Study Proves Landlords Exploit the Poor
Researchers found that the exploitation rates of black neighborhoods are nearly double that of other neighborhoods.
Two researchers, MIT’s Nathan Wilmers and Princeton’s Matthew Desmond, decide to study the exploitation of the poor by looking at rent burdens in low-income neighborhoods and the high profit margins landlords in such areas make. The two authors recently published their findings in a detailed article in the American Journal of Sociology.
To gather the information, the researchers surveyed a variety of housing market data, focusing on the housing market in Milwaukee and comparing it to a nationwide dataset. They concentrated on data such as property values, monthly rent, larger expenses like plumbing repairs, as well as other expenses, including property insurance, mortgage payments and routine maintenance costs.
What Is Rent Exploitation?
The researchers centered their study on the idea of exploitation, which is typically associated with workers and the workplace. The dictionary definition of exploit is “to make use of meanly or unfairly for one’s own advantage.”
According to Karl Marx’s famous theory, capitalists made their profits by exploiting working class people. Desmond and Wilmers cite the late Marxist sociologist Erik Olin Wright’s definition of exploitation. According to Wright, exploitation “occurs when the material welfare of one class is causally dependent upon the material deprivation of another.”
Essentially, exploitation occurs when an individual or group excludes another from a resource to enrich itself. The resource, in this case, is housing. The researchers call this notion “exploitation rates,” in other words, the percentage of a particular property’s worth that the renters pay each month.
What Are Typical Landlord Profit Margins?
Nationwide, landlords average almost $100 per unit in net profit in poor neighborhoods, about $50 in affluent areas and only $3 in middle-class neighborhoods. In Milwaukee, the profits are even higher. Here, landlords take home an average of $150 per unit in poor neighborhoods, and approximately $20 in other areas.
In cities that have a higher cost of living, such as San Francisco and New York, landlords make money through gentrification and appreciation. In less expensive cities such as Milwaukee, the profit rates increase with the poverty rates.
In high-poverty areas, where 50% to 60% of the people live in poverty, the exploitation rate is 25%. This means that in just one year of rent, 25% of the property value is paid back. In neighborhoods that have poverty rates lower than 15%, the exploitation rate is only 10%.
As the ratio of rent to property value increases, the level of exploitation increases. Interestingly, the researchers found that the exploitation rates of black neighborhoods are nearly double that of other neighborhoods, 20% to 25% compared to 10% to 15%, respectively.
Why Do Poor Neighborhoods Generate More Money?
Desmond and Wilmers contend that poor neighborhoods have been a “prime moneymaker” for a long time, benefiting people who profit from racial segregation, land scarcity and deferred maintenance. Viewing “slums” as a “byproduct of the modern city” or unkempt areas that accidentally happen over time is an error, they argue.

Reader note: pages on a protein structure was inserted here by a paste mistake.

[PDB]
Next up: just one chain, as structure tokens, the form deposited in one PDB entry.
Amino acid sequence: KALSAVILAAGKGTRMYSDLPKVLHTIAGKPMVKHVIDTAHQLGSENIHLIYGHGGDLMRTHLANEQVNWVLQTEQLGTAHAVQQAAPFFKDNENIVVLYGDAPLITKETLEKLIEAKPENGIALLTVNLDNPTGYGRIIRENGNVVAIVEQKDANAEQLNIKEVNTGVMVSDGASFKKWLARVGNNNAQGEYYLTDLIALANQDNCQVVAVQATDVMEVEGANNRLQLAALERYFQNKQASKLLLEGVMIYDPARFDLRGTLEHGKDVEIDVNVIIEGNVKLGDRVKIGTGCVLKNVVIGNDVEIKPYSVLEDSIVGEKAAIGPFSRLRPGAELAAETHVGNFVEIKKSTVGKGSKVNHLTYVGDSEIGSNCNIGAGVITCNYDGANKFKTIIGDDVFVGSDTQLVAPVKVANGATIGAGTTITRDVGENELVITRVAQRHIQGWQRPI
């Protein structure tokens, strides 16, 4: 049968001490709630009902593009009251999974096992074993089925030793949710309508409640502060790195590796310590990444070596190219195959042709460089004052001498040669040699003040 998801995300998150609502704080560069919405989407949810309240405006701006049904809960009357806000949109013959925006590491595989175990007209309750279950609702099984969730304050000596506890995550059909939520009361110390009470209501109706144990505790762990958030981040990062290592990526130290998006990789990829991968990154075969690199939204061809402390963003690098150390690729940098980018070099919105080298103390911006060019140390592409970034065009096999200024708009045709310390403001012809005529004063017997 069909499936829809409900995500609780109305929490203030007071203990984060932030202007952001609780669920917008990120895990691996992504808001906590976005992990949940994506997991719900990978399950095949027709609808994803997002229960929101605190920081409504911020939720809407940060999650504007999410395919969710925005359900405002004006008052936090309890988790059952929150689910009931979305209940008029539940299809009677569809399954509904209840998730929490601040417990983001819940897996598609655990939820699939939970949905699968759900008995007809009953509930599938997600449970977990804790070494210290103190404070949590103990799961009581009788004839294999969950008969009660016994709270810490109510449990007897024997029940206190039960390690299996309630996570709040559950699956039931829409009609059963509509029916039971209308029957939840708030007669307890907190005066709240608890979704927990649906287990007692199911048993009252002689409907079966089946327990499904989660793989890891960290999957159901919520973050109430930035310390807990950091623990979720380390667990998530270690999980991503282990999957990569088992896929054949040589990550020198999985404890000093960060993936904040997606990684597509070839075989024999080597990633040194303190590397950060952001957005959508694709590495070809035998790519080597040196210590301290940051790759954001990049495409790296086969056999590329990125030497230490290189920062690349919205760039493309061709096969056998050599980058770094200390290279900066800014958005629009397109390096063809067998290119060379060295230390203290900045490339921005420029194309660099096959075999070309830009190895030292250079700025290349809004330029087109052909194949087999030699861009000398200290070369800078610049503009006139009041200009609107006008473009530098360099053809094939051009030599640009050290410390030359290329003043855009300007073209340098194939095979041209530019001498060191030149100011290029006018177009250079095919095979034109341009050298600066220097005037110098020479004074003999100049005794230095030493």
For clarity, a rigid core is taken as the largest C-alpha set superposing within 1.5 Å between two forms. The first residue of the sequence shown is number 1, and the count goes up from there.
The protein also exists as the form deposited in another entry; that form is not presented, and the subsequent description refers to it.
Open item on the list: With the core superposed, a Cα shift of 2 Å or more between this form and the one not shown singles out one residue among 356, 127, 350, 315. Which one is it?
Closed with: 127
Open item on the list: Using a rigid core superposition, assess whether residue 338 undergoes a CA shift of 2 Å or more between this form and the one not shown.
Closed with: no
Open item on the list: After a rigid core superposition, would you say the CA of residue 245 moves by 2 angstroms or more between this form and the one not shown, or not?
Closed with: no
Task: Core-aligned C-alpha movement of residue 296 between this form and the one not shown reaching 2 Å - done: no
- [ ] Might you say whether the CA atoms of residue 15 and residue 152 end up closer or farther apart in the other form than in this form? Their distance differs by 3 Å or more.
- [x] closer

They write, “If labor exploitation is understood to be getting paid less than the market value of what one produces, we can extend this definition to the housing market by operationalizing exploitation as being overcharged relative to the market value of what one purchases, paying more for less.”
Since housing in poorer neighborhoods often comes with a higher risk than other properties, landlords often charge higher rent. These older, less valuable buildings are more likely to be in poor condition, and landlords sometimes worry about not receiving payment from people in low-income housing.
The researchers found that repairs were needed more frequently in buildings that were in poor neighborhoods, and the tenants did sometimes miss payments. However, the profits of landlords were still higher. The average profit of landlords in Milwaukee was $151 each month per unit, as opposed to an average of $21 per unit in wealthier neighborhoods.
According to Big Think, “Because landlords operating in poor communities cannot know with certainty whether a new tenant will cost them money, they may attempt to mitigate that risk by raising the rents of all their tenants, carrying the weight of social structure into price. Poor renters pay double—purchasing the good and the risk—but because losses remain infrequent in absolute terms, landlords typically realize the surplus ‘risk charge’ as higher profits.”
Landlords depend on the higher income they receive from low-income tenants offsetting the lower income they acquire from more affluent properties.
Desmond and Wilmers conclude, “[L]andlords who have invested in a nonpoor neighborhood are not betting on today but on tomorrow. In poor neighborhoods, however, landlords are betting on today.” They continue to say that “money made slums because slums make money.”
People who live in poor neighborhoods typically have no other options. Unfortunately, they must continually face exploitation, rather than encounter the possibility of homelessness.
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